“Don’t ask. And i-i-if a bunch of robots come looking for me, I left. Forever.” With that, he scurried off to replicate more holo-emitters.
“What’s all this doing in here?” Abela shouted from a few storefronts down. She stormed out onto the concourse, “Some idiot put a bunch of fitness equipment in here! I NEVER APPROVED A FITNESS STORE!”
“That would be mine,” Lt. Stoneryder said, walking in from the vicinity of the Transit Hub. “I just needed the space until your people opened up the storage rooms in my building,”
“Why do you have all this stuff/” Simplot asked, looking around. There were at least two treadmills, an elliptical machine, countess free weights, punching bags, pull-up stands…the list just went on. And all of it looked brand new, right out of the box.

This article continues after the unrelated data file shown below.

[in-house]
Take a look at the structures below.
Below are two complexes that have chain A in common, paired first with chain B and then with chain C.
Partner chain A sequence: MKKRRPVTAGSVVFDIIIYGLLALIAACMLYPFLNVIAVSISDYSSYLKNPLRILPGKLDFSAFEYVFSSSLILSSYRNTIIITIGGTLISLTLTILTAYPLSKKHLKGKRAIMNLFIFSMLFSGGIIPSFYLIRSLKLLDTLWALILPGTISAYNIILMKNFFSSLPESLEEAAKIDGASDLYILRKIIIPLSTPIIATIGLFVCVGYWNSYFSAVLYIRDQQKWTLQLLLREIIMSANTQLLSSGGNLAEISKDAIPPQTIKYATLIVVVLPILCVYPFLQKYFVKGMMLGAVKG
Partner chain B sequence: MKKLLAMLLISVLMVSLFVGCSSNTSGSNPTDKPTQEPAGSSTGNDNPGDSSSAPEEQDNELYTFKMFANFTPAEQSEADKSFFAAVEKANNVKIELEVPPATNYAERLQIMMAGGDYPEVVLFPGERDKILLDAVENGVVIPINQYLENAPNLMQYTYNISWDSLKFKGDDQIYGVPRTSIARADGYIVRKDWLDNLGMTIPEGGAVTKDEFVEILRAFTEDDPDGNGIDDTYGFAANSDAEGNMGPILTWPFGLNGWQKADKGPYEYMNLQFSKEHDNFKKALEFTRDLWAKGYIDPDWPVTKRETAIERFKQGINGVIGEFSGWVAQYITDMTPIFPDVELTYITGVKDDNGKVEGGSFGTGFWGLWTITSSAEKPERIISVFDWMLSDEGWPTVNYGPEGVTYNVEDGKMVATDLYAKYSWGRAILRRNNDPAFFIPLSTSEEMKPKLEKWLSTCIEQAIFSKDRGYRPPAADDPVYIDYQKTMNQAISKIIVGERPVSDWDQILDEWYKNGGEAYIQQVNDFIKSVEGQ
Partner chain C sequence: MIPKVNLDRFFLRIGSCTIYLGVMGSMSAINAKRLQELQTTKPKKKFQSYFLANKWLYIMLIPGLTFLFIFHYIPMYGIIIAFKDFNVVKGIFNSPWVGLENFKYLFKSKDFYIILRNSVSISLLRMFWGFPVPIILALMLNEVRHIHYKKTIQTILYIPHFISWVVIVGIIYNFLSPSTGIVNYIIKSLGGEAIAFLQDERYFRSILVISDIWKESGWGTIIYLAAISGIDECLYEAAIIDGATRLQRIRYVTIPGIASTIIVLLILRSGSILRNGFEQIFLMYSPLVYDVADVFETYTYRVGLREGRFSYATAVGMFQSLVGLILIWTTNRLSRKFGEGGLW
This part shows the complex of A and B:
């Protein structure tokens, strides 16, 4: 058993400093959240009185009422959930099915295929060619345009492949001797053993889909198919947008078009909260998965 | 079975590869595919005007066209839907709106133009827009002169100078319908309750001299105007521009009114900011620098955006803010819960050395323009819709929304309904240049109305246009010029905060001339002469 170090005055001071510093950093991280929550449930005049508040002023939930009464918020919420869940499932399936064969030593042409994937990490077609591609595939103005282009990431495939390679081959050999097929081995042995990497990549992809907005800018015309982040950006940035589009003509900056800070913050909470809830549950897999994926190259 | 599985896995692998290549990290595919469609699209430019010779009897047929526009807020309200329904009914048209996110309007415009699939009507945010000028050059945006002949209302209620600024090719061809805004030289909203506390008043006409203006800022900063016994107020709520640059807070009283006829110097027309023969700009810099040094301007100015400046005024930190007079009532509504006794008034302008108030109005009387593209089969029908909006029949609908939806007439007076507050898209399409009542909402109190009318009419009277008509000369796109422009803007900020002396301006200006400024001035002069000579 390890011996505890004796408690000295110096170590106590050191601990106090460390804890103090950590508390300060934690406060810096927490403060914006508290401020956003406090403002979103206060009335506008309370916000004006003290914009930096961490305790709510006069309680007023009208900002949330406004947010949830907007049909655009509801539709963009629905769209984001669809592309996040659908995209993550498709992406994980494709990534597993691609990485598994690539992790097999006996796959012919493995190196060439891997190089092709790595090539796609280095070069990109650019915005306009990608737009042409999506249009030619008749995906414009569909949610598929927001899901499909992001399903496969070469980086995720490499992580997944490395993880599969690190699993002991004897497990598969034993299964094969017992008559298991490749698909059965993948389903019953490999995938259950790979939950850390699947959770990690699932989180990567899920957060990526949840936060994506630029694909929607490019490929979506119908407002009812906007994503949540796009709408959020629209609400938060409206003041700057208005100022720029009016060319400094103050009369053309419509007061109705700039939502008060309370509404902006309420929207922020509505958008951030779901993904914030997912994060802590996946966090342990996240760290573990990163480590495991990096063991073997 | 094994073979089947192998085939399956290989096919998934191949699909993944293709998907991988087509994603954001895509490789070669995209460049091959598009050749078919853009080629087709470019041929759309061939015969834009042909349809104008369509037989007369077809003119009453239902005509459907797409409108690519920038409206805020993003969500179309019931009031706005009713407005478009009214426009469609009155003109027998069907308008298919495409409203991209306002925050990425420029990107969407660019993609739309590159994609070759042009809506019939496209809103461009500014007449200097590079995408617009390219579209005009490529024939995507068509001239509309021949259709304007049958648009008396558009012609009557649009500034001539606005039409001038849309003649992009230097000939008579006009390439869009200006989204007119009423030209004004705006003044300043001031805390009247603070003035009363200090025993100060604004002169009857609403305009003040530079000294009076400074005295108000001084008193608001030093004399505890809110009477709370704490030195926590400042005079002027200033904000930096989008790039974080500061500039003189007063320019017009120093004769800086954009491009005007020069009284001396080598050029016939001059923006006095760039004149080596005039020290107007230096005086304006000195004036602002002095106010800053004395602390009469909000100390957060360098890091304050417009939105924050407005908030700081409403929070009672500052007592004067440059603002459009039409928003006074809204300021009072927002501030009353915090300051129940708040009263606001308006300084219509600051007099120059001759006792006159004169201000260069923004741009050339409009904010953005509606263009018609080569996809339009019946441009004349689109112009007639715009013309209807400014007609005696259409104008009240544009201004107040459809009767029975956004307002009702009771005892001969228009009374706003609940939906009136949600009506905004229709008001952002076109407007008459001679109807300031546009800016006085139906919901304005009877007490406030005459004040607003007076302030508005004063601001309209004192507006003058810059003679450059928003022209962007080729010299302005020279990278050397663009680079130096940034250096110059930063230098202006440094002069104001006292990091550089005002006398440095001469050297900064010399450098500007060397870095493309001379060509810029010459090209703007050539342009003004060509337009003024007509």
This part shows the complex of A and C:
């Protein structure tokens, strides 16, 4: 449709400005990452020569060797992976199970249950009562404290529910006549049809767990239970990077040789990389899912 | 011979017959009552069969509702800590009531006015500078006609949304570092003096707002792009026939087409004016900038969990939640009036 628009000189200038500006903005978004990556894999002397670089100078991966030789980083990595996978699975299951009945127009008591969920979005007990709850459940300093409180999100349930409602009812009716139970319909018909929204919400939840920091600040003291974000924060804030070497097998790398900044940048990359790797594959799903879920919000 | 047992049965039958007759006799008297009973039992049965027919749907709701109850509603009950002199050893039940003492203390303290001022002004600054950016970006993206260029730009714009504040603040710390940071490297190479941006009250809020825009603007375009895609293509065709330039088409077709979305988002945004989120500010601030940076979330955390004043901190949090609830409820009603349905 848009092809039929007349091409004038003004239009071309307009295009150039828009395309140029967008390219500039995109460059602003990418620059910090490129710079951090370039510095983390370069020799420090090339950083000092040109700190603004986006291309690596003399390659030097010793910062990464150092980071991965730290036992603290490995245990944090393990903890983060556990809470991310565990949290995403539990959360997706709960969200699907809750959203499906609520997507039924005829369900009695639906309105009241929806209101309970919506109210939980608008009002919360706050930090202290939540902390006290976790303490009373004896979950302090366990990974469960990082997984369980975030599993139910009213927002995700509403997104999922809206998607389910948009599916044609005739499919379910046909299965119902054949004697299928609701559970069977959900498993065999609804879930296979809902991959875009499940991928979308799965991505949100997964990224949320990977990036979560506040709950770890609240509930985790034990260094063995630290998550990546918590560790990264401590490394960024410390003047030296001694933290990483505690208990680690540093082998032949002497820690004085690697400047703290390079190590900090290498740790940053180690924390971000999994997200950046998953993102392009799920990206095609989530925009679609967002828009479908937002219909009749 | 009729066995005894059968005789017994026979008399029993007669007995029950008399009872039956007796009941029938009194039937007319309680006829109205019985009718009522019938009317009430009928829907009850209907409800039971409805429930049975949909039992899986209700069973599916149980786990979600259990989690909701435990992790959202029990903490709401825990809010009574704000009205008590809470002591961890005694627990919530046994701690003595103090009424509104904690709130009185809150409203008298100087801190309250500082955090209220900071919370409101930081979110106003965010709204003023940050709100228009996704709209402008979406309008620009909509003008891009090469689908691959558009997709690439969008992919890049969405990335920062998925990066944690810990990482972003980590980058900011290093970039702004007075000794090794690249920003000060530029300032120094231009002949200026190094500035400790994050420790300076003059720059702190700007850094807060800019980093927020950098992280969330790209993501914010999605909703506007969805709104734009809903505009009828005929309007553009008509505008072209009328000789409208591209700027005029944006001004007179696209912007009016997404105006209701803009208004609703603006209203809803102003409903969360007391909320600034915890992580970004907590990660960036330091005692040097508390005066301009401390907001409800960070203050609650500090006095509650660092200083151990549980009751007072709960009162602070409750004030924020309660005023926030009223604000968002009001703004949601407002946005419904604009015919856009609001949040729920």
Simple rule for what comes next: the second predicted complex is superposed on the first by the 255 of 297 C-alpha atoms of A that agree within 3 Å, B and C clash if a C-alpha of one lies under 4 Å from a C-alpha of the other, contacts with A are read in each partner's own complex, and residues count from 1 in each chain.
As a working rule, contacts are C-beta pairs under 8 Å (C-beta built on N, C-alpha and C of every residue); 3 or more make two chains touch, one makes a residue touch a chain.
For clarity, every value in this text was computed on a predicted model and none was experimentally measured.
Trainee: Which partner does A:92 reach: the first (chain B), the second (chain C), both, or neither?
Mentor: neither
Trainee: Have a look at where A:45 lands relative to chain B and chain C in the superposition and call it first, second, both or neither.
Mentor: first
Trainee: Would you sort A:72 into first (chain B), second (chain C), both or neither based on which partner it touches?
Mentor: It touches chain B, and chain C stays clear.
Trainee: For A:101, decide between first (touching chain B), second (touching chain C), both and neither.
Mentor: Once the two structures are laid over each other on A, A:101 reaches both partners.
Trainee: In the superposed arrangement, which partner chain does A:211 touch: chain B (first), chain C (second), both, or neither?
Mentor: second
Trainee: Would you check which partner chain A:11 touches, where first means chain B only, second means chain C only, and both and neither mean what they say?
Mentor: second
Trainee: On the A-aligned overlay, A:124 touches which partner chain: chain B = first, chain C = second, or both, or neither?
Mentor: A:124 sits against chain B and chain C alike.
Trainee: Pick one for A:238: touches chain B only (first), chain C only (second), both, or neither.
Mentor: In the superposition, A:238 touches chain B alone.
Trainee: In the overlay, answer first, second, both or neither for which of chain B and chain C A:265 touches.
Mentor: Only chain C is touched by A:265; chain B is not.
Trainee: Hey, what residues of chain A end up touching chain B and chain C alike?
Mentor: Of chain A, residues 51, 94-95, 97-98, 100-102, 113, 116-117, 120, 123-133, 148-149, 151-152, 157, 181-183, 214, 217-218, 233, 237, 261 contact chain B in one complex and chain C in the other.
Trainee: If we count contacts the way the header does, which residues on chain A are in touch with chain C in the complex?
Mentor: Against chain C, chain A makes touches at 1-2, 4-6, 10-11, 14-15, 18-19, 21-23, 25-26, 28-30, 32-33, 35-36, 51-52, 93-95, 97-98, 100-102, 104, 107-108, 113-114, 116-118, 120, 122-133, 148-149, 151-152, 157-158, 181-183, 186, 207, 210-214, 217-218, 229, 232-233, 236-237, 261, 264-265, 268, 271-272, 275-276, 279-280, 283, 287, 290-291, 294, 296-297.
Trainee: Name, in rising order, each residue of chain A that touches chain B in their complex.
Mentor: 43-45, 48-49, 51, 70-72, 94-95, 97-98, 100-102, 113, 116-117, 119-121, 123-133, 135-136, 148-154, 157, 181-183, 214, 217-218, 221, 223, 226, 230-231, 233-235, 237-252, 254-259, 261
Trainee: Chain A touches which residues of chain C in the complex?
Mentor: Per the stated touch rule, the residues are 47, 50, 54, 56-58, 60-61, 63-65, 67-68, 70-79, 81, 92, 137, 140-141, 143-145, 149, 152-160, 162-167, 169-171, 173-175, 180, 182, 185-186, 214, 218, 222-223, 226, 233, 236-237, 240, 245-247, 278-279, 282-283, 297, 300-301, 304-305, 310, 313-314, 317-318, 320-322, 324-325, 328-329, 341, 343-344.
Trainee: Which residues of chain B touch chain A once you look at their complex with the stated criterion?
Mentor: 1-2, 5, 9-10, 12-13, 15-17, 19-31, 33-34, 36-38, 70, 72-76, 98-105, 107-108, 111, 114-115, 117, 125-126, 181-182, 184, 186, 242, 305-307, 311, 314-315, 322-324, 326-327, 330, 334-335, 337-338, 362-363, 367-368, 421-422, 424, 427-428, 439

“Well, this is an alien society run by women. I figured I’d be lucky if they had anything other than yoga,” Stoneryder shrugged.
Abela was about to snap at him when a slim, blond man stormed in.
“Myress!” he snapped, “You’ve been out all night!”
“Shit,” Abela muttered, indulging in a rare bit of profanity.
“Hi, Craigan,” Simplot said pleasantly, “Thanks for the supper,”
“Captain,” Craigan said coldly, “You’re most welcome. Perhaps if Abela is ever home for supper, you will have to join us,”
“Snap,” Stoneryder muttered.
“I’m sorry, Craigan,” Abela said, “But this is important! We have to convince the review board that Haven’s…well…that it’s…”
“Successful?” Craigan supplied helpfully, looking around at the barely occupied Atrium. Shurgroe was whistling as he disguised another empty storefront as a business place.